“Our departure from Lagos to Enugu or any other destination is 7:10 am, you need the destination airport to be awake to give you weather conditions there. You noticed that as at 7:10 take off, the workers at the destination airport have not come to work. Some airports don’t open on time until 7:30 am. You will be waiting for their workers to arrive to give you weather report. Some of those airports do not go to work on time and by 6: 00 pm they close. Enugu, for example, has runway light but they close on time so why can’t they operate 24 hours like an international airport? Why can’t that place be opened 24 hours? Why do you make me to pay extra for landing there after 6: 00 pm? Everyday during the Christmas period I was paying about N500, 000,” he lamented.
Other industry operators who confirmed the outrageous charges accused FAAN of being hostile to domestic airlines, noting that the agency ought to provide airfield lighting and operate 24 hours service in all the busy airports currently underserved like Benin, Owerri, Calabar, Enugu, Yola and Jos. These are airports that airlines could operate in after twilight.
Industry consultant and CEO of Belujane Konsult, Chris Aligbe, criticised the over charges by FAAN and said that government is pushing the agency to exploit airlines and other airport users because it wants FAAN to contribute to government coffers instead of allowing the Authority to use the revenues generated to upgrade the airports and provide safety critical facilities.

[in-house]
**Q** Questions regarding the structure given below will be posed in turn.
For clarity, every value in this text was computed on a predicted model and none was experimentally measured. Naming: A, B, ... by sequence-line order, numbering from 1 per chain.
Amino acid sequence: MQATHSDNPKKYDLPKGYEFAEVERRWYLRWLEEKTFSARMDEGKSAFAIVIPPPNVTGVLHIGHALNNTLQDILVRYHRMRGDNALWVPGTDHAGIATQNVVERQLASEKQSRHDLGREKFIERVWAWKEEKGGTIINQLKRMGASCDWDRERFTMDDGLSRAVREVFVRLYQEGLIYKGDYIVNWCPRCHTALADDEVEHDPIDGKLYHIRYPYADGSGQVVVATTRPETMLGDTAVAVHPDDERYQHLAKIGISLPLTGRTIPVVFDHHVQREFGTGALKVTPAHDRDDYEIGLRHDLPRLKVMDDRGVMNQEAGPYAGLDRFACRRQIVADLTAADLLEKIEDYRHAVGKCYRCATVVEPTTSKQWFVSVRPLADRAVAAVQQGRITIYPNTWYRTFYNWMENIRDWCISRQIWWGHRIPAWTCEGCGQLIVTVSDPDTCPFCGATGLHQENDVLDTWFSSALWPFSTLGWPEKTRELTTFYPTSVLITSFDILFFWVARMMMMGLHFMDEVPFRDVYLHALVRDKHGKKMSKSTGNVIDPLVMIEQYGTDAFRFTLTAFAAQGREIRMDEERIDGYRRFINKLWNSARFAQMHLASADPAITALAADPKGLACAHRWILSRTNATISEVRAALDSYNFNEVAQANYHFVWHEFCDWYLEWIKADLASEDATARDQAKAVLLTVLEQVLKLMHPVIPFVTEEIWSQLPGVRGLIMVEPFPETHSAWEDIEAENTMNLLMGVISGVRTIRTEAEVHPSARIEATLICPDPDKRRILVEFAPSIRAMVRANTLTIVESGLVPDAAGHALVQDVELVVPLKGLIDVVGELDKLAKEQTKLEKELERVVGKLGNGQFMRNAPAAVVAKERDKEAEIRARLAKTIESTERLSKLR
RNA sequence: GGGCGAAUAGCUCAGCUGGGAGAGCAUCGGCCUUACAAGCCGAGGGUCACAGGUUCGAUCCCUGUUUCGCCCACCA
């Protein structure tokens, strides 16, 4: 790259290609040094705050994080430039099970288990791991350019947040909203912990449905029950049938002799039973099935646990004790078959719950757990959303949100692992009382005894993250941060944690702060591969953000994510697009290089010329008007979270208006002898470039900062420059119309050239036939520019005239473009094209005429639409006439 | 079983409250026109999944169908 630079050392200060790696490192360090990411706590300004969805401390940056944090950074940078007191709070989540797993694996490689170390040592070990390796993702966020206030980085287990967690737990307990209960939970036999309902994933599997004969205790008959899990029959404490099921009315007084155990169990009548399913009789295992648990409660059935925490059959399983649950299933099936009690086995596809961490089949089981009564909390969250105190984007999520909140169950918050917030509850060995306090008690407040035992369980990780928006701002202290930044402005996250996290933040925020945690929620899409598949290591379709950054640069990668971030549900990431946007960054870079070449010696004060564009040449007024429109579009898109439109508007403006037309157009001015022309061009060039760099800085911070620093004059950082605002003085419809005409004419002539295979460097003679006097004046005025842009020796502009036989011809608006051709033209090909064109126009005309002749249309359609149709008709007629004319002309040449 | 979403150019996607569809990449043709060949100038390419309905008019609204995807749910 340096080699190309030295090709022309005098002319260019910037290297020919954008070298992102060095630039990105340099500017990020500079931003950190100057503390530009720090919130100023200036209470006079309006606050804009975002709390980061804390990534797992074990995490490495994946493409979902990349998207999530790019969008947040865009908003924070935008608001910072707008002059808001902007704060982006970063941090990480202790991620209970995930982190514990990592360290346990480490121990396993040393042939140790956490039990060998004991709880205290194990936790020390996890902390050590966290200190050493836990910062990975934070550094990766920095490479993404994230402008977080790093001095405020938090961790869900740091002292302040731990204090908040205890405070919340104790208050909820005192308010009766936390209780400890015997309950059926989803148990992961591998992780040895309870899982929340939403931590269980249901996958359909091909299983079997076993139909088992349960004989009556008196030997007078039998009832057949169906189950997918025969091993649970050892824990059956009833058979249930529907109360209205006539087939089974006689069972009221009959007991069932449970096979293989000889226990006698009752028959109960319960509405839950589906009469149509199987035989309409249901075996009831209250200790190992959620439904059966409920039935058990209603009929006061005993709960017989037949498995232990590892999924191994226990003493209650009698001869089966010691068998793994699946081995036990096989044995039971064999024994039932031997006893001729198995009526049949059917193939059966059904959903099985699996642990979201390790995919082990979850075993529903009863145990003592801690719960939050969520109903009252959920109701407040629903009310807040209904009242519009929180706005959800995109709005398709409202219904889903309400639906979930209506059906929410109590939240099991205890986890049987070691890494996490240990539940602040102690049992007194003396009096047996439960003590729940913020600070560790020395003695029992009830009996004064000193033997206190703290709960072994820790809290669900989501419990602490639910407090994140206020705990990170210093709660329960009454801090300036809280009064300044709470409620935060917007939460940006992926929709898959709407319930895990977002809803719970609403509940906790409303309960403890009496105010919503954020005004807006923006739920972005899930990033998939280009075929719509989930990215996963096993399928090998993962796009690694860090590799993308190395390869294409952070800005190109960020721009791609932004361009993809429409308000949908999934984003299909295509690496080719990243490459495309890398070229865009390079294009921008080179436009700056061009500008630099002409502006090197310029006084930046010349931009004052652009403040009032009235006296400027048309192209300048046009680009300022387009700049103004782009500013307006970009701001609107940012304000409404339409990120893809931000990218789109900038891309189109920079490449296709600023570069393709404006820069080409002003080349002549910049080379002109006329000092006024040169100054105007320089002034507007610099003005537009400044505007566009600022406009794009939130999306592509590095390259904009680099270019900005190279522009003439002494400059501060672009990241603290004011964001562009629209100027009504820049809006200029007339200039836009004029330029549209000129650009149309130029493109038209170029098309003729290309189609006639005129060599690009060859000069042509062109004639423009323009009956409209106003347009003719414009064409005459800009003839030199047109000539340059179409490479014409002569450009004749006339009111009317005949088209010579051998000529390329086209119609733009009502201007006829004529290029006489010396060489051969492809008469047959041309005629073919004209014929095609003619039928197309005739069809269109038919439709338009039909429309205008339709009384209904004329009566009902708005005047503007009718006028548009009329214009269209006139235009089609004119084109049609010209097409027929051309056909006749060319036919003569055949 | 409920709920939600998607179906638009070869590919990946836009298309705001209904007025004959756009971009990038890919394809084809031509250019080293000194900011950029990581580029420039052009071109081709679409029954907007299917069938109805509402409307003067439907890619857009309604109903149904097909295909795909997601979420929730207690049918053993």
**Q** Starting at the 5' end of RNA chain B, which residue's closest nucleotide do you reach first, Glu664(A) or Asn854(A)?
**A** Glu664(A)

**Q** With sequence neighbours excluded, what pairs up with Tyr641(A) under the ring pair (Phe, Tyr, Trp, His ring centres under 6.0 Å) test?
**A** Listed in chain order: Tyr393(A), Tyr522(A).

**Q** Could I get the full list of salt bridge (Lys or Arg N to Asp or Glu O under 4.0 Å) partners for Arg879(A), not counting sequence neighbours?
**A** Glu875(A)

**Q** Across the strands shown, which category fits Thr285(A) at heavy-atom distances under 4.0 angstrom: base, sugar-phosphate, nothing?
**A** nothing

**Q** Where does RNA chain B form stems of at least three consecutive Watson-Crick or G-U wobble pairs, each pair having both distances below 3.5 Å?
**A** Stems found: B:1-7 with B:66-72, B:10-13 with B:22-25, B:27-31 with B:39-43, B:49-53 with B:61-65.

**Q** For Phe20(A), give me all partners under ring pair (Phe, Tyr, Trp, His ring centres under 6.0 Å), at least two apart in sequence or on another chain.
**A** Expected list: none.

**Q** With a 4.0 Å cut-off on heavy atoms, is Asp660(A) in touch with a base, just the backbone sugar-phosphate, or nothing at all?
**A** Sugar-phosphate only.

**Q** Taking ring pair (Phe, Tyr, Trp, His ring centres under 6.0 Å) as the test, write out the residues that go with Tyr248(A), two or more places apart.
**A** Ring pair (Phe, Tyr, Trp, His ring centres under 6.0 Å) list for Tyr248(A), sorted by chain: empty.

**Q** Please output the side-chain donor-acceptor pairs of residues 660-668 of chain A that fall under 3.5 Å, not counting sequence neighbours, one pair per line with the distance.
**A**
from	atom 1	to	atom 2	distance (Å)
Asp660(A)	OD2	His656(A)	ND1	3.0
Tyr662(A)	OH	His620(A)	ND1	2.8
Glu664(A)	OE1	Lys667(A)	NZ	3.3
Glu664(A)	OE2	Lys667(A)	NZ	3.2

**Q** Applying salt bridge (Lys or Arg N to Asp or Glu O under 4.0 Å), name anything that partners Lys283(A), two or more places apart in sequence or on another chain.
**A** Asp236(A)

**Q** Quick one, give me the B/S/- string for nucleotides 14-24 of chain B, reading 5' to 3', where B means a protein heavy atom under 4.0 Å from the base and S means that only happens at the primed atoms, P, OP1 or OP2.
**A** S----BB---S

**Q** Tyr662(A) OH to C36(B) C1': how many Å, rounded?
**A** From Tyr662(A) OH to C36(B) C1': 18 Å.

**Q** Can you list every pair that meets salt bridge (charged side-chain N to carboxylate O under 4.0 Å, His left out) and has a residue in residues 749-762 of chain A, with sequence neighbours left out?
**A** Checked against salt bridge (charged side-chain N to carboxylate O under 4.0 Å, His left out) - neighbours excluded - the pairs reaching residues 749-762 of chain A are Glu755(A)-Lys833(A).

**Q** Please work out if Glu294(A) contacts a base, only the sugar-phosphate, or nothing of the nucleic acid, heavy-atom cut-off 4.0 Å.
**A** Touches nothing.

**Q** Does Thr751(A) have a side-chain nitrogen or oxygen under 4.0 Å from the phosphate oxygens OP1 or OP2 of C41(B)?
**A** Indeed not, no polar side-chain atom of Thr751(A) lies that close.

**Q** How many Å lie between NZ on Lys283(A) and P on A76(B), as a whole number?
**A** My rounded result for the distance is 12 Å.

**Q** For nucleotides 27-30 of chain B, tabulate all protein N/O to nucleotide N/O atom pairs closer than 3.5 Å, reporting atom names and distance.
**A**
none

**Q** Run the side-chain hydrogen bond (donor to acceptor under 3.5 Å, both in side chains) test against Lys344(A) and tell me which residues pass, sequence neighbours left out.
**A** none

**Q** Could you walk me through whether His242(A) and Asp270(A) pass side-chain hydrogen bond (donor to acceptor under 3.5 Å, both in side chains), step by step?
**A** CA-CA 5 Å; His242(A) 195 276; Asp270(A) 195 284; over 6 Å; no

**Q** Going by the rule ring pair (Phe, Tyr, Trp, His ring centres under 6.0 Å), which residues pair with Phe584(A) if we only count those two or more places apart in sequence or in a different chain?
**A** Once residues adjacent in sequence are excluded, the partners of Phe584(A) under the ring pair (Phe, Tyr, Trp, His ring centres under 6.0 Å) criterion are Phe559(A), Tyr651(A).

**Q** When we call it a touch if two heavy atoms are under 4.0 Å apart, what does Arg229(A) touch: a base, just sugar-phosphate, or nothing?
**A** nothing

“Let me tell you, government wants to eat its cake and still have the cake. It is very difficult, for the simple fact that, they are pushing these agencies including FAAN to increase the Internally generated Revenue (IGR) base, they are pushing them to contribute more to the national coffers. So FAAN is doing all sorts of things to do that. The money FAAN gets goes into national coffers. They are not thinking of FAAN getting this money and deploying it for the development of the airports. So FAAN does what it does and whatever it gets it has to pay salaries, it is not getting subvention and whatever remains goes to government coffers.
“That is why some of the things FAAN is doing today are making our airports the most unfriendly airports in the world. That is why they charge exorbitant rates for car park tolls. You make it unfriendly through high charges but you lose money because if FAAN were to automate that system based on the length of stay, that is what is done globally, FAAN will make more money than it is making now, when you automate those who park their cars for a longer time pay more. I know people who park their cars there for almost 18 hours a day and pay the same fixed toll. So there must be a paradigm shift, there must be a mind shift. So what government is doing, is that they are pushing FAAN too hard to increase its contribution to the distributable pull while it is expecting FAAN also to continue running the airports the way it should be run. That cannot happen,” Aligbe said.
Government and its agencies must reduce the financial burden on Nigerian airlines to enable them to survive and provided them with critical infrastructure for seamless operation.